G: You lost a couple of teeth during this film, didn’t you?

CGM: (Chuckles.) That was natural, though!

G: Right, right, yeah, They didn’t get knocked out. It seems like the Tooth Fairy has been leaving you good scripts.

CGM: (Laughs.) Every time I lose a tooth! Actually, that was a thing. Every time I—it was this weird thing that, whenever I was about to book a movie, my tooth would get really loose; it would fall out. But I only have about two more teeth I’m going to lose, so hopefully that doesn’t mean that’s the end of my career! (Laughs.)

G: (Laughs.) No, I’m sure it won’t.

CGM: Hopefully!

G: Now, of course, another major aspect of this film is the physical training. Can you talk a little bit about what your regimen was and some of the things you learned: weapons training?

CGM: Y’know, I did a bunch of stuff. About two months before the movie even started filming, they put me in basic training. Like unloading the gun, putting it back together, taking it apart, cleaning it. Y’know, safety about it: always check the gun before—when they give it to you, always check it. Make sure it’s a blank, it’s a fake bullet. Everything, really. Always make sure it’s clean. And then during the movie, they put me into more crazy training, with [a] top UCLA gymnast, and they put me in the Toronto Circus School. I did crazy training with choreography.

G: Were you practicing your gun assembly at the dinner table at home over the weeks before you shot?

CGM: (Laughs.) Nahhh, I don’t have any guns at home. (Laughs.) But I had a practice battle song. Which is completely fake.

G: Now I understand that the one thing that’s a done deal for the sequel is a purple motorbike for Hit Girl.

CGM: (Smiles.) Purple Ducati! Ducati—got to get the Ducati in there!

G: That’s at your suggestion, right?

CGM: It is! I was like “if we have a sequel…I really want Hit Girl to have a purple Ducati." ’Cause, you know, Red Mist has, like, this awesome car. But I just think Hit Girl looks so crazy with a purple Ducati going, like, a hundred miles an hour, being like bwwweowwww! It would look pretty awesome.

G: I would have to agree with that.

CGM: (Laughs.)

G: Now I just want to ask a little bit more about Let Me In, too. Have you seen the original film?

/content/interviews/312/5.jpgCGM: Um, I’ve seen parts of it. But not the whole thing ‘cause I wasn’t allowed. (Laughs shyly.)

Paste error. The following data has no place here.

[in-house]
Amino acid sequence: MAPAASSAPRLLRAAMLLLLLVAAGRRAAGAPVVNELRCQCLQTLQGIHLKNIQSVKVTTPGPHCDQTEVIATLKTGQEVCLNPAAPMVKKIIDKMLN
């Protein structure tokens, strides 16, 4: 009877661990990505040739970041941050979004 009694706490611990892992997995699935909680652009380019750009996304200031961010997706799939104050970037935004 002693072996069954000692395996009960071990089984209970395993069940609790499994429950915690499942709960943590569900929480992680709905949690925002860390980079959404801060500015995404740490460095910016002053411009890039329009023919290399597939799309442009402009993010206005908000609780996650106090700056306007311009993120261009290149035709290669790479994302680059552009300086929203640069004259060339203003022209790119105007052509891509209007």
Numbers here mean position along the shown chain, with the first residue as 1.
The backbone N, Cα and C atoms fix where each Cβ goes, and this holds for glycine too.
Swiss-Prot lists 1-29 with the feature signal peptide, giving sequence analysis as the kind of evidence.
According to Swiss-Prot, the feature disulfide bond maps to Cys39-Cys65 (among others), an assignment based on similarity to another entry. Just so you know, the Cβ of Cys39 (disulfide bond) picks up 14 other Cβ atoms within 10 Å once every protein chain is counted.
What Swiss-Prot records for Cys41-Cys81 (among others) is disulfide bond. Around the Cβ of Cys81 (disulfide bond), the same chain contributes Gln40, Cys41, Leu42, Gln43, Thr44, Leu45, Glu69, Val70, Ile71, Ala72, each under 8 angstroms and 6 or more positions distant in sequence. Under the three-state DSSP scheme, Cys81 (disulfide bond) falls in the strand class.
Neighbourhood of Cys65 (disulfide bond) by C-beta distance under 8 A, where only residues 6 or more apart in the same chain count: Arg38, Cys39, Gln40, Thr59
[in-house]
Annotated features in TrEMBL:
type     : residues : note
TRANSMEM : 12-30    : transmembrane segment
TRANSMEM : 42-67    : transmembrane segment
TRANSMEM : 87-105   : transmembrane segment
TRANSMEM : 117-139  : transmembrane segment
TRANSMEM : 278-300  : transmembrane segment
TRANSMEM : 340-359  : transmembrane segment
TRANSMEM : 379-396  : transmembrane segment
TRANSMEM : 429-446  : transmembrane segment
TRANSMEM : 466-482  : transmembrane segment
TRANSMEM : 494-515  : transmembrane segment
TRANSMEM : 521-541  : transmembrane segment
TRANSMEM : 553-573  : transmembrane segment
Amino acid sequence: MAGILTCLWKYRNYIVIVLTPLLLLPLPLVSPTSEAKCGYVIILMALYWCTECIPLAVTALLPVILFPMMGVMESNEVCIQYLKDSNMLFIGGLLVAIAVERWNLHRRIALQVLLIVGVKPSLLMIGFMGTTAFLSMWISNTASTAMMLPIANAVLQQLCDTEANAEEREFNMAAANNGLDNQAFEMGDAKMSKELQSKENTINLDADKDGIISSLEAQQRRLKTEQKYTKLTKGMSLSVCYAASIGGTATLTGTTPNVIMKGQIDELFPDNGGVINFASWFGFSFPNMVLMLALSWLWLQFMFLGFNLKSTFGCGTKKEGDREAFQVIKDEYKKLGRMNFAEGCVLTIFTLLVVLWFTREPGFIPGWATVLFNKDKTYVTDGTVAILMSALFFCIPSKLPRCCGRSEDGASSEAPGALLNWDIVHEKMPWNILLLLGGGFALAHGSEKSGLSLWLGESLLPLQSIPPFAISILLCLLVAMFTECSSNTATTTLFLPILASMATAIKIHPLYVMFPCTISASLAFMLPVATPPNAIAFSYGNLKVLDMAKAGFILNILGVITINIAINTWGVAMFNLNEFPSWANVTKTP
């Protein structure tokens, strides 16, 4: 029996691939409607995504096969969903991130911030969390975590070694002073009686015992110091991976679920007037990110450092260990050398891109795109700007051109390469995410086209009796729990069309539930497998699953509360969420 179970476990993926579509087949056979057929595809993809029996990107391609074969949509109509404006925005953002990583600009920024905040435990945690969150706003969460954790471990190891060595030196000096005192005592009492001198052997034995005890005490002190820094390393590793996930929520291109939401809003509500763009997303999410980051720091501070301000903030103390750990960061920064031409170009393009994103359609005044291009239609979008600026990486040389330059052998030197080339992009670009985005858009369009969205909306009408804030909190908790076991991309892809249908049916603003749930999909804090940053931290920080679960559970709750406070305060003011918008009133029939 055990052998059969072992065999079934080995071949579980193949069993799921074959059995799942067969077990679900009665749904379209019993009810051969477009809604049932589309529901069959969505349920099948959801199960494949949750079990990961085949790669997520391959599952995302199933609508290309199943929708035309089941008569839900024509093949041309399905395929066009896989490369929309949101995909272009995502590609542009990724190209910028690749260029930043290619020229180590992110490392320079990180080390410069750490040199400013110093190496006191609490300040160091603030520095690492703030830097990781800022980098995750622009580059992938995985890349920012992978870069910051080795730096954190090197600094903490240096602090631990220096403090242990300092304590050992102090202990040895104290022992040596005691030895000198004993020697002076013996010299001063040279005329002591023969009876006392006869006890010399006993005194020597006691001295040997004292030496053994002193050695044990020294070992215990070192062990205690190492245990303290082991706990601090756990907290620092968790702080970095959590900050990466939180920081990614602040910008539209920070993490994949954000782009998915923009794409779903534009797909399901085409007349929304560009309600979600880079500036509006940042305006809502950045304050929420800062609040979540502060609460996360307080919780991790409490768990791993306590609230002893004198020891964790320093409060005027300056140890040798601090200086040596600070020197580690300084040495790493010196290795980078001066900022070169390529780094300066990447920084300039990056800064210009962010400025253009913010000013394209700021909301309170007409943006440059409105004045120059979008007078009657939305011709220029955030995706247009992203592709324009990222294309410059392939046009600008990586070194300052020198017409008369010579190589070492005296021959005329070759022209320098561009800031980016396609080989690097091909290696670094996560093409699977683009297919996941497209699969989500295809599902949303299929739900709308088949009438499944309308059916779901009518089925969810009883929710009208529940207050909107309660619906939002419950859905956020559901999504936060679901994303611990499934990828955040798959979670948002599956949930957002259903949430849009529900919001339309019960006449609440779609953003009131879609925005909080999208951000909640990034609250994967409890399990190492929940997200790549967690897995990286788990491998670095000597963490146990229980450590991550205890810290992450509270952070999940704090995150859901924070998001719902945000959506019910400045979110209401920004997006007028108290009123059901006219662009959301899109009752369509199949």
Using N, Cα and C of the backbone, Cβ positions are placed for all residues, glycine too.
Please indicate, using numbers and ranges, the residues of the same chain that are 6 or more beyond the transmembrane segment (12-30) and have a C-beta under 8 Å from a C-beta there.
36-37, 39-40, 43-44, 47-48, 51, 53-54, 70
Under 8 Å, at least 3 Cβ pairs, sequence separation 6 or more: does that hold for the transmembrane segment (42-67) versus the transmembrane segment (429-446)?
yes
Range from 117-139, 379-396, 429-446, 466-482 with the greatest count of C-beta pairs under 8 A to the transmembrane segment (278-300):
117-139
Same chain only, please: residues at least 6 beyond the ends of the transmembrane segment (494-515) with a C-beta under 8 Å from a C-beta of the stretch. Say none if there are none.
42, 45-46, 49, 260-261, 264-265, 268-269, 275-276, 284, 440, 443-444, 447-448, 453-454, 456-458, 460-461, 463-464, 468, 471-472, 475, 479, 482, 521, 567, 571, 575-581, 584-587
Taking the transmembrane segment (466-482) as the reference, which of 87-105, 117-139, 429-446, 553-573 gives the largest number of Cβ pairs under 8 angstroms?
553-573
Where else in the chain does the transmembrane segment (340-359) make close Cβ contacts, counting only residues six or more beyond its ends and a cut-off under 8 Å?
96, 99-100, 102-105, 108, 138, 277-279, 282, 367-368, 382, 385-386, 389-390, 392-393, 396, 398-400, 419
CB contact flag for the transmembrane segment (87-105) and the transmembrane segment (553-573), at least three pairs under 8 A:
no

G: Uh-huh, yeah. How did you approach playing a vampire and developing the physical aspect of that, and the mental aspect?

CGM: Well, it was basically like how I do any other role. We go over the sides, I think about what I want to do with the role. And then I go to my brother, and he kind of goes over the role with me and, you know, we go more in depth with it. And that’s really how it works. And we pull different characters into it. You know, I just try my best, and hopefully it works out.

G: Is your brother an actor as well?

CGM: Uh, yeah. He’s my acting coach-slash-brother.

G: I also just wanted to get in about how you’ve been cast in Martin Scorsese’s next film.

CGM: The Invention of Hugo Cabret.

G: Yeah. How did that come about, and what can you tell me about that project?

CGM: Well, like any other thing, you audition for it, never know what’s going to happen. And, you know, I actually booked it, and I’m playing British in it. I play Isabelle. I can’t really say much about it, but it’s gonna be a kids’ fantasy.

G: Very exciting.

CGM: Thank you!

G: Thank you very much for talking to me.

CGM: Thank you!

[Ed.: Later, at the Moscone Convention Center...]

/content/interviews/312/7.jpgG: I'd to ask both of you to tell an anecdote from the set. I'm curious about the filming of the "Crazy" scene for you, Chris, where you're dancing in the car.

Christopher Mintz-Plasse: (Laughs.)

G: How did that come about?

Christopher Mintz-Plasse: That was all Matthew Vaughn. You know, me and Aaron did a scene that didn't make the movie; it's probably on the DVD.

CGM: (Laughs.) Oh God!

CM-P: And then he kind of just, like, "Alright, this is just for the hell of it: it might make it, it might not." He just threw on music, and was like "I just want you guys to dance." And so we did that for, like, ten minutes, different variations: together, and then me being creeped out by him 'cause I don't know him and he's dancing in my car, it's weird. And we just did a bunch of different ways of that, yeah. And it made it in there.

G: Different tunes, too?

CM-P: Different songs, yeah, yeah. We did one to Gnarls, which was in there. And then one to this—Matthew Vaughn liked to mess with me, 'cause I was kind of seein' a girl up there that was in a band. So he said, "Alright, put on some music" and put on her music. And so I had to dance to her music; it was very strange. And then a few other songs, yeah.

G: Chloë, I read that there was an incident where somebody fell down on the set, and you thought maybe you'd shot him.

CGM: (Laughs.)